Romane is a dog lover. She is fond of any wildlife in general. Romane is just really fascinated and loves learning about native animals’ habitats and habits.
Romane started as a veterinarian but soon changed her career to being an ecologist. She enjoyed studying the relations of organisms with their environment. In 2007 Romane then went to Australia to finish her Ph.D. research about koalas living in human-made habitats.
Romane has to study koalas in their habitat, but that proved a little challenging because koalas camouflage very well, making them hard to find. And because of their big appetites, they also move from tree to tree very quickly. The simplest way for an ecologist like Romane to find the koalas was to look for their poop.
But a koalas poop is hard to find in itself. Their poos are brown and small that could easily be covered by dried fallen leaves or be camouflaged on wet grounds. Romane worked hard to find the koalas herself, but then she thought of a brilliant idea.
She thought that another animal could help them find the koalas using their high sense of smell. Romane explained that koala poop is not smelly, but the smell is very distinct from others, making it easier for animals like dogs to pick the scent out. Romane relied on her brilliant hunch and met with expert pup trainers to talk about her idea with them, but none of them seemed enthused by it.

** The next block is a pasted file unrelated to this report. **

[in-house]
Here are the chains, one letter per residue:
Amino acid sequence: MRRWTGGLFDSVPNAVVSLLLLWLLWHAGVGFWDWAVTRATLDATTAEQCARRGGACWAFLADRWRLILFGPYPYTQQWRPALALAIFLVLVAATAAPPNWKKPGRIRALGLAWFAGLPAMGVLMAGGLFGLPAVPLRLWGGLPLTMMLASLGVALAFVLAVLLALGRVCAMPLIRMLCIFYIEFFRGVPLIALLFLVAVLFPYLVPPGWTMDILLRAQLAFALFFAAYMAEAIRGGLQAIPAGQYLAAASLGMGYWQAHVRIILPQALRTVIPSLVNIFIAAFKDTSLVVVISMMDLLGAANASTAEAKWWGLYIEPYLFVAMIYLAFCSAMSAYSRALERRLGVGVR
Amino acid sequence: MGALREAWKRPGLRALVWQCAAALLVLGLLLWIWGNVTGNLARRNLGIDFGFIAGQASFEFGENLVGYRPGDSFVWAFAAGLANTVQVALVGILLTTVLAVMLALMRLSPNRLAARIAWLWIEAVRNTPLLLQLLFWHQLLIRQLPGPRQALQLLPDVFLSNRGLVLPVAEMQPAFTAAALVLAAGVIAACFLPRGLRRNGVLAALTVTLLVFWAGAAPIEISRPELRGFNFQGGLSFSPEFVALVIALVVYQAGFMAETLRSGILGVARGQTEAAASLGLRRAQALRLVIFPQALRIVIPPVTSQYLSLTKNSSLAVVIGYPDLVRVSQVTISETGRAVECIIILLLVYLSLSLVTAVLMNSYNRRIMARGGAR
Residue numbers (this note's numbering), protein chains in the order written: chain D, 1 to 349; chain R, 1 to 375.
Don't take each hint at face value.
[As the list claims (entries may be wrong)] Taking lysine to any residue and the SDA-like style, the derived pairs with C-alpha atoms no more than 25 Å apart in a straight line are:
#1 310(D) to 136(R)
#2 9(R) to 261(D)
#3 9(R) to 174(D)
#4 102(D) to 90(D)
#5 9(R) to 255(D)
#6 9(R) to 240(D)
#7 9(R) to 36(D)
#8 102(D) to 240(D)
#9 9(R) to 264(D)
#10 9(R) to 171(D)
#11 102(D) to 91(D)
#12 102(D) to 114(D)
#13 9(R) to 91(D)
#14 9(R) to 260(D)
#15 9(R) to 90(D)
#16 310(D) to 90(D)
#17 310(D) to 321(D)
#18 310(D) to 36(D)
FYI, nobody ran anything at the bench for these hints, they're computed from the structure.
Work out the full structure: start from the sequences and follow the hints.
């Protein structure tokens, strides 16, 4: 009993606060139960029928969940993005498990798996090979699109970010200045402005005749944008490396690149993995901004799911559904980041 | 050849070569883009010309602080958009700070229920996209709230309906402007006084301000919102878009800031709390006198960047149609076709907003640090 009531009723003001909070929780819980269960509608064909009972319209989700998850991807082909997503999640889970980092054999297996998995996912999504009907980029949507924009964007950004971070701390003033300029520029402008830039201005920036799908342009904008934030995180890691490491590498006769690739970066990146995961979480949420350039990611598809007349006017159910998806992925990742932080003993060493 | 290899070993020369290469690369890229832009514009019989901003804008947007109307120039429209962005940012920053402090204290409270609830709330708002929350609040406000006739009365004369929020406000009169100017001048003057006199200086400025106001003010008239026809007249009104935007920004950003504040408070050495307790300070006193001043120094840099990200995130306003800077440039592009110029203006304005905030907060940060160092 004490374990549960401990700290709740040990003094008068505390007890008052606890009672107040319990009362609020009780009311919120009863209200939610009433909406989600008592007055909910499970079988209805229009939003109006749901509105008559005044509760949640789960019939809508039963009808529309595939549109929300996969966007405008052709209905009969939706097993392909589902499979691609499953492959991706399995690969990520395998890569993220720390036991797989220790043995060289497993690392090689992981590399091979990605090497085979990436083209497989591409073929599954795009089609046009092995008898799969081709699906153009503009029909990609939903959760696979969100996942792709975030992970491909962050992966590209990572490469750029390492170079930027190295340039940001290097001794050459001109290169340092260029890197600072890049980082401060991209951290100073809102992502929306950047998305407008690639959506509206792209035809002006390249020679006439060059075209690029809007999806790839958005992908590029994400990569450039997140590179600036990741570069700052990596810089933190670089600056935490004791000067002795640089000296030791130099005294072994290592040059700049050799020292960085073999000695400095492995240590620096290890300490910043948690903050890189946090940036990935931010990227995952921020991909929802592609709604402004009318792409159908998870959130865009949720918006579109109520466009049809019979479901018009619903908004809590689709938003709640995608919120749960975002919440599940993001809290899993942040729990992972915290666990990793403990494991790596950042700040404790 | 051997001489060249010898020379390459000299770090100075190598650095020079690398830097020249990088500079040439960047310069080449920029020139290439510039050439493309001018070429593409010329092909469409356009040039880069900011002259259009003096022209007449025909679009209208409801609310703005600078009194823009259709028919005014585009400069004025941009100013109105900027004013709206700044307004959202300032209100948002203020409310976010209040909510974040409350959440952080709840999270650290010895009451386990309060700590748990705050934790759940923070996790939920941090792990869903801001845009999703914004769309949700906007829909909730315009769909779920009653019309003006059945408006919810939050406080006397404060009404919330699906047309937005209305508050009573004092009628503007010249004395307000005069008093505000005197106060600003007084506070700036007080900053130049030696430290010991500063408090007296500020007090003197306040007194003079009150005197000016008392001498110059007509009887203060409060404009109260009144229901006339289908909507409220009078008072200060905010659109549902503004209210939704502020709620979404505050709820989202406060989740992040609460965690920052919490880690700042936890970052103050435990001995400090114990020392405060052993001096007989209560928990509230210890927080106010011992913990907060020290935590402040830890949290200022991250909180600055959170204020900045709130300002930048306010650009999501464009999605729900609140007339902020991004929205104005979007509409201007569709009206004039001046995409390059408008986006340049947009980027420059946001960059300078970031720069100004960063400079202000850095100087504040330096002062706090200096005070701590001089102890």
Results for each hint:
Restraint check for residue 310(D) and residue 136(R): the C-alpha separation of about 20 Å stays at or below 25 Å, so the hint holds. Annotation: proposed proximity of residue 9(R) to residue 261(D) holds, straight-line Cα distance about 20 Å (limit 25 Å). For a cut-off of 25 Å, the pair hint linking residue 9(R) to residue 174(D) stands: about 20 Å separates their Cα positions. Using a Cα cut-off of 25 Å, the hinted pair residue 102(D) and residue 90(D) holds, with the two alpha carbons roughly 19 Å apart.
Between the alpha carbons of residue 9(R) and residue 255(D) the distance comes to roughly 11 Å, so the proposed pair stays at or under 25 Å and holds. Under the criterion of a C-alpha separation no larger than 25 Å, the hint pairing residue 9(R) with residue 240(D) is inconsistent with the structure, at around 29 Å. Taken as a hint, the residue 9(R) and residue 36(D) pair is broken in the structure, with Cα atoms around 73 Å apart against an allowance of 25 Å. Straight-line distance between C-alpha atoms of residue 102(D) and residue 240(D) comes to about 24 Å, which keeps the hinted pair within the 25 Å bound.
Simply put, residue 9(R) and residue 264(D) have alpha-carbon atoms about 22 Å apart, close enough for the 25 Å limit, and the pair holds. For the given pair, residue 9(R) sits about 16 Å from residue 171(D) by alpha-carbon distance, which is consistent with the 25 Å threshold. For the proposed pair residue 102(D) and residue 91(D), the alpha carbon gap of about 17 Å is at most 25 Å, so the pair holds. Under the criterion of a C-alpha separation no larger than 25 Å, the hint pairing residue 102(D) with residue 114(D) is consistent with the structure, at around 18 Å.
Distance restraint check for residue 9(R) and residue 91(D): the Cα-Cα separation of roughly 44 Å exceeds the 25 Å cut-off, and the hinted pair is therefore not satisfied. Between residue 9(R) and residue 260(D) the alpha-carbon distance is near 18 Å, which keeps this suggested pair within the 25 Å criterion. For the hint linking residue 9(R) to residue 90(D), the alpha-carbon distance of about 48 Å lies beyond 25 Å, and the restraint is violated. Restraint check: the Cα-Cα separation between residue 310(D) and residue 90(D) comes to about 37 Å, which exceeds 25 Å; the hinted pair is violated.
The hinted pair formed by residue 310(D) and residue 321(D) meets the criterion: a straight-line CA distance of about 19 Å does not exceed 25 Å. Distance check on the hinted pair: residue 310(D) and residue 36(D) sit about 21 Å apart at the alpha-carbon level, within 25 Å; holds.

Because of the lack of interest and response, Romane became discouraged and focused on her Ph.D. without thinking of her idea any further. Soon Romane met another dog trainer, Gary Jackson, who really liked and appreciated her idea. He even said that training a pup to find koala poop was easy. So with renewed determination, Gary and Romane decided to help each other.
Gary found a lovely pup who he named Mayamaya or Maya. Maya was abandoned by her family outside the shelter and was supposed to be euthanized on the same day Gary found her. Maya is a young and energetic pup, only within one to four years of age.
Maya was not in her best health when Gary took her, but she loved playing ball. That was one of the reasons Gary was inclined to take her. A great drive to have fun and play is vital for working dogs since the drive to play at the end of a workday keeps them moving effortlessly.
Maya was doing very well with her training; she’s a brilliant pup. Soon Romane was told that the pup is a blue merle border collie. This comment made Romane somewhat realize why Maya was doing such a great job. Border collies are known to be smart dogs and easy learners, and Maya is great proof of that.
Romane soon decided to set up a non-profit USC DDC (Detection Dogs for Conservation) together with Dr. Celine Frere, her colleague. A dog trainer, Russel Miller, was also a part of their team. And, of course, Maya is the founding pup of the team.
Maya is now a senior pup and is continuing to help provide relevant tools to researchers together with her younger doggy colleagues. Maya has been a great help to many and especially to Romane. Romane also said that Maya had been a great companion, friend, and colleague to her and others in her team. Keep up the amazing work Maya!
Credits to The Sydney Morning Herald